Single European Sky (SES)

Single European Sky (SES)


The Single European Sky (SES) initiative was launched in 2000 by the European Commission following the severe delays to flights in Europe experienced in 1999. A High Level Group was established and, building on the recommendations in its report, the Commission drafted a legislative package at the end of 2001. The package was adopted by the European Parliament and Council in March 2004 and entered into force one month later.

The SES package is aimed to:

  • Enhance safety and efficiency of air transport in Europe;
  • Reduce delays by improving the use of scarce airspace and airport resources;
  • Improve services and reduce cost to air transport passengers by reducing the fragmentation of the air traffic management in Europe;
  • Improve the integration of military systems into the European air traffic management system.

In spite of much effort to modernise and streamline it, Europe’s air traffic management system remains safe, but fairly costly. It is also hampered by heterogeneous working practices and constrained by air route networks which, in the main, are based on national borders and not on air traffic flows. The SES initiative puts forward a legislative approach to solve these issues and enable ATM to cope with projected future traffic demand.

First SES legislative package

The legislative package adopted in 2004 comprises four basic regulations, which reinforce safety and foster the restructuring of European airspace and air navigation services. The regulations provide the framework for the creation of additional capacity and for improved efficiency and interoperability of ATM system in Europe.

SES implementation

Implementing the provision of the SES regulations would bring a number of significant benefits:

  • Improved level of safety of air navigation services;
  • A more effective and integrated air traffic management architecture;
  • Demand driven air navigation service provision;
  • Enhanced cross-boarder co-ordination;
  • Improved decision-making and enhanced enforcement in ATM.

The four basic regulations are complemented by more detailed implementing rules adopted by the European Commission after discussion within the Single Sky Committee. Industry is invited to advise the European Commission on actions to be taken on the basis of the regulations through an Industry Consultation Body.

Due to its technical expertise, EUROCONTROL is preparing various implementing rules on the basis of mandates issued by the European Commission and in close co-ordination with all relevant stakeholders. The final result of the mandate work is a report including a draft implementing rule. The European Commission submits then the draft implementing rule under its responsibility to the Single Sky Committee and adopts it following the favourable opinion of the Committee.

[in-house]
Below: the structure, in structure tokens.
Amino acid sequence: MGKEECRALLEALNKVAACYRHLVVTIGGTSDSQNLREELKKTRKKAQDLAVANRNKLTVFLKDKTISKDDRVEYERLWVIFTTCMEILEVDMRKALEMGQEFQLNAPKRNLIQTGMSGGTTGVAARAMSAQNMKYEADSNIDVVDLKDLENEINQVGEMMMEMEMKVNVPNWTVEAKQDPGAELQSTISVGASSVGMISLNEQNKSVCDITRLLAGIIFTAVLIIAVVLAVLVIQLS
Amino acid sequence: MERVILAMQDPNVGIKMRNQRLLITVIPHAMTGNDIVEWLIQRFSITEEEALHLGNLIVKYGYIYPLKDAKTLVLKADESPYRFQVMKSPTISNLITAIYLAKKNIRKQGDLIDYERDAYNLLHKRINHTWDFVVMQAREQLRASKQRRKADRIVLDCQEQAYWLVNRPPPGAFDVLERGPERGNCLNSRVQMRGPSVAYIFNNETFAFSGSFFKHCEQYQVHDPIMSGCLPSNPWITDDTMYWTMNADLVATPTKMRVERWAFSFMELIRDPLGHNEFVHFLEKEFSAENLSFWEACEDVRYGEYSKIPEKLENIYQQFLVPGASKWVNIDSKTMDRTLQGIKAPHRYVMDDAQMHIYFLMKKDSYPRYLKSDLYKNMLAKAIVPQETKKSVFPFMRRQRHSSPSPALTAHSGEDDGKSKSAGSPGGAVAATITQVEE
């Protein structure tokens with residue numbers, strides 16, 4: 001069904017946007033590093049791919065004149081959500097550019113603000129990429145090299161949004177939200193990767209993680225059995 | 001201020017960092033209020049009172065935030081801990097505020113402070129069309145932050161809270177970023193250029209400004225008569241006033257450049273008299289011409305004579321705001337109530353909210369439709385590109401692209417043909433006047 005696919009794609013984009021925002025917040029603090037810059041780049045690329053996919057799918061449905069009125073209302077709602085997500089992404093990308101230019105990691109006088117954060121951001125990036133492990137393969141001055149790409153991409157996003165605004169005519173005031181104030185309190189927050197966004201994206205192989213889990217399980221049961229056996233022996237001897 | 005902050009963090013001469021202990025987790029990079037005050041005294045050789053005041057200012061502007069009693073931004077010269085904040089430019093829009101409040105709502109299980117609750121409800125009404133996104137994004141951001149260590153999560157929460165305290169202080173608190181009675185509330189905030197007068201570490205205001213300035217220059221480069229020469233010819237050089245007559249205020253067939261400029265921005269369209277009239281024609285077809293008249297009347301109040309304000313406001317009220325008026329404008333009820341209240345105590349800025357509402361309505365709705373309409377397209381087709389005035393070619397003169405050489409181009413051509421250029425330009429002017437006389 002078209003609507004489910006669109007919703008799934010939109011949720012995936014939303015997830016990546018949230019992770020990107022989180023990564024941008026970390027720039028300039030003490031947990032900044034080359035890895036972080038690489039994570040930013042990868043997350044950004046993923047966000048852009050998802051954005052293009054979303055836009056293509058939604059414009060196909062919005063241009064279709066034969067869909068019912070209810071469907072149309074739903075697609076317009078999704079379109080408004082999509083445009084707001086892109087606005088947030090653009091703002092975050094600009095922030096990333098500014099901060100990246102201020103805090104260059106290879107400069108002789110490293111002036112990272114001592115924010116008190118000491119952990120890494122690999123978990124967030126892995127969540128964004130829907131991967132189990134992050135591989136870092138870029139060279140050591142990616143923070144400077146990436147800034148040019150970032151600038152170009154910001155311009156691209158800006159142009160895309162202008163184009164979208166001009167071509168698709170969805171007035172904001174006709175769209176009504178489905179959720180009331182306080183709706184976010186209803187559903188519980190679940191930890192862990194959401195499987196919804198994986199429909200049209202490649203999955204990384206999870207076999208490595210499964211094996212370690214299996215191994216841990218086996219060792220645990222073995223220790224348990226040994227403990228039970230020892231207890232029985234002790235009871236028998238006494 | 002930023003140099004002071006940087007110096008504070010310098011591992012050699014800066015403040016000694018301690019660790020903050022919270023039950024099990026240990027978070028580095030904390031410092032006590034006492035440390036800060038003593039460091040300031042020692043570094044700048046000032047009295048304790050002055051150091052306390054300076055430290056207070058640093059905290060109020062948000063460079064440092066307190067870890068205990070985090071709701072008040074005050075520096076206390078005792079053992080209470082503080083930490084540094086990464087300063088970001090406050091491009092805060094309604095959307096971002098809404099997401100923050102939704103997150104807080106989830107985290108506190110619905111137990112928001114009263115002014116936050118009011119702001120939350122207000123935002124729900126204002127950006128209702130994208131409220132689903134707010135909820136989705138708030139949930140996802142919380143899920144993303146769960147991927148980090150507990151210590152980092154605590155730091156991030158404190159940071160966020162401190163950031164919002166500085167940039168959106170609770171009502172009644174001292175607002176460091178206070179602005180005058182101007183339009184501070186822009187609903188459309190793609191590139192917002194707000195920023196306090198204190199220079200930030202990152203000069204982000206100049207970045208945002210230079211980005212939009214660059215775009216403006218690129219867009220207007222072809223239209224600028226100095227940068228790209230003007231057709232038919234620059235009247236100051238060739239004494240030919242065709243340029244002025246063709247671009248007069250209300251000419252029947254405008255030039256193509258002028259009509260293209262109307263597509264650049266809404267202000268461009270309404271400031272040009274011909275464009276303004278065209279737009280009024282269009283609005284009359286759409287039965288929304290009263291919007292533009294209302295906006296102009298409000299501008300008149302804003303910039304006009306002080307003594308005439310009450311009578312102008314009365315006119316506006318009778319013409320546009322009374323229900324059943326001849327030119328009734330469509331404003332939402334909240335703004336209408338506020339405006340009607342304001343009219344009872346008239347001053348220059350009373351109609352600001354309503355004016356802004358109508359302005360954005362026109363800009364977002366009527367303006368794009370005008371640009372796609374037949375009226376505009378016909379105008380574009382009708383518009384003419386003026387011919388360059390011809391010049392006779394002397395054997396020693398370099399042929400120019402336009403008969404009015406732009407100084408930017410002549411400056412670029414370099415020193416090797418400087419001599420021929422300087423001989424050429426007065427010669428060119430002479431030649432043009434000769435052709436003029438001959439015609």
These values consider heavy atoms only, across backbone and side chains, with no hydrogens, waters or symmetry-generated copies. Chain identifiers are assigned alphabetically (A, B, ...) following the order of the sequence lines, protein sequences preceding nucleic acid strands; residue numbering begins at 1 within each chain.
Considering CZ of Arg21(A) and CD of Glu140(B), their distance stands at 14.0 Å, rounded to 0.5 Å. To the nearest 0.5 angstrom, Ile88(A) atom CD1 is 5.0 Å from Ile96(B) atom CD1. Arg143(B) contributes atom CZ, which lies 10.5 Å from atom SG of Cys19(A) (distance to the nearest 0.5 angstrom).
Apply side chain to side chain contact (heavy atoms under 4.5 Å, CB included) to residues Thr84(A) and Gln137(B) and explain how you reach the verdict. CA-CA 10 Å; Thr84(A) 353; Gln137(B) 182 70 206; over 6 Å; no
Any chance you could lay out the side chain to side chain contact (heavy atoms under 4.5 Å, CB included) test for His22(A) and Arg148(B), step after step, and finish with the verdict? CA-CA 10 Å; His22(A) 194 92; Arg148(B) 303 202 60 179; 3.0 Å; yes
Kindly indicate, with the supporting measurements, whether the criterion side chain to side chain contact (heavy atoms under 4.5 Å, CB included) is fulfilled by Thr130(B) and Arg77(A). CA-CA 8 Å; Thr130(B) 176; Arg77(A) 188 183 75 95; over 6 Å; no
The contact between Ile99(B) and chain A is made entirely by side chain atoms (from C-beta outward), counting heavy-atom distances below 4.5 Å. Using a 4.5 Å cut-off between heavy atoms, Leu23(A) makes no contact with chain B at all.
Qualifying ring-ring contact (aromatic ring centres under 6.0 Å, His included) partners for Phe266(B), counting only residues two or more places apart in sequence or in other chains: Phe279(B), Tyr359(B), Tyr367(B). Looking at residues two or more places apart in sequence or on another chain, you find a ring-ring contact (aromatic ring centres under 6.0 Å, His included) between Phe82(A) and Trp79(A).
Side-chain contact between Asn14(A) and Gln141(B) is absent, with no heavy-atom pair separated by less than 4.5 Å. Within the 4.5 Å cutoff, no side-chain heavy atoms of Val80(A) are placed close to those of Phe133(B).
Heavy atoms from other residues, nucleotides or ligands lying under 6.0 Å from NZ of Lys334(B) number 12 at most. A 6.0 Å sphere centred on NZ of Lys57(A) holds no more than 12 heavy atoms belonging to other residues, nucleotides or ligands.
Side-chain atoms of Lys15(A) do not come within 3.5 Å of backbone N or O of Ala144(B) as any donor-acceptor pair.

The following implementing rules have been adopted by the European Commission pursuant to the stipulations of the four basic SES regulations:

Air Navigation Service Provision



Member States are responsible for the correct implementation of the EC rules. National Supervisory Authorities (which take in practice the form of civil aviation authorities) have to make sure that services are delivered to the highest standards in accordance with the legal requirements.

The actions defined in the regulations reinforce also the integration of civil and military air traffic control. This will ensure that the needs of both the civil and military communities are respected and properly taken into account, where there are areas of common interest, yet safeguarded where there may be specific requirements.

EUROCONTROL supports actively the implementation of the Single Sky. The organisation’s excellence and experience in the field of ATM are used in the development of SES implementing rules. Furthermore, EUROCONTROL produces technical specifications and implementation guidance materials. The Memorandum of Cooperation between EUROCONTROL and the European Commission establishes the framework of this important partnership.

First Report on SES Implementation

The Framework regulation requires that European Commission periodically reviews the application of the SES legislation and reports on the progress of its implementation. The First Report on the implementation of the Single Sky Legislation was published in December 2007. It presents the achievements, identifies new challenges and proposes the way forward. Based on the report findings, the Commission came forward with proposals for a second Single Sky legislative package, including extension of European Aviation Safety Agency (EASA) remit to ATM and airports and adoption of the European ATM Master Plan.

Second SES legislative package

The steady increase in demand for air transport is straining the capacity of infrastructure and pushing airports and ATM to their limits. Safety levels need to be improved in parallel with the increase in traffic. The fragmentation of ATM hinders optimal capacity use and imposes an unnecessary financial burden on aviation. The increased environmental awareness is also putting pressure on aviation to demonstrate its environmental performance.

To tackle these issues, the Commission has come up with a second SES legislative package aimed to:

  • Create a single safety framework to enable harmonised development of safety regulations and their effective implementation;
  • Improve the performance of the ATM system through setting of targets;
  • Open the door to new technologies enabling the implementation of new operational concept and increasing safety levels by a factor of ten;
  • Improve management of airport capacity.

Further Reading

European Commission



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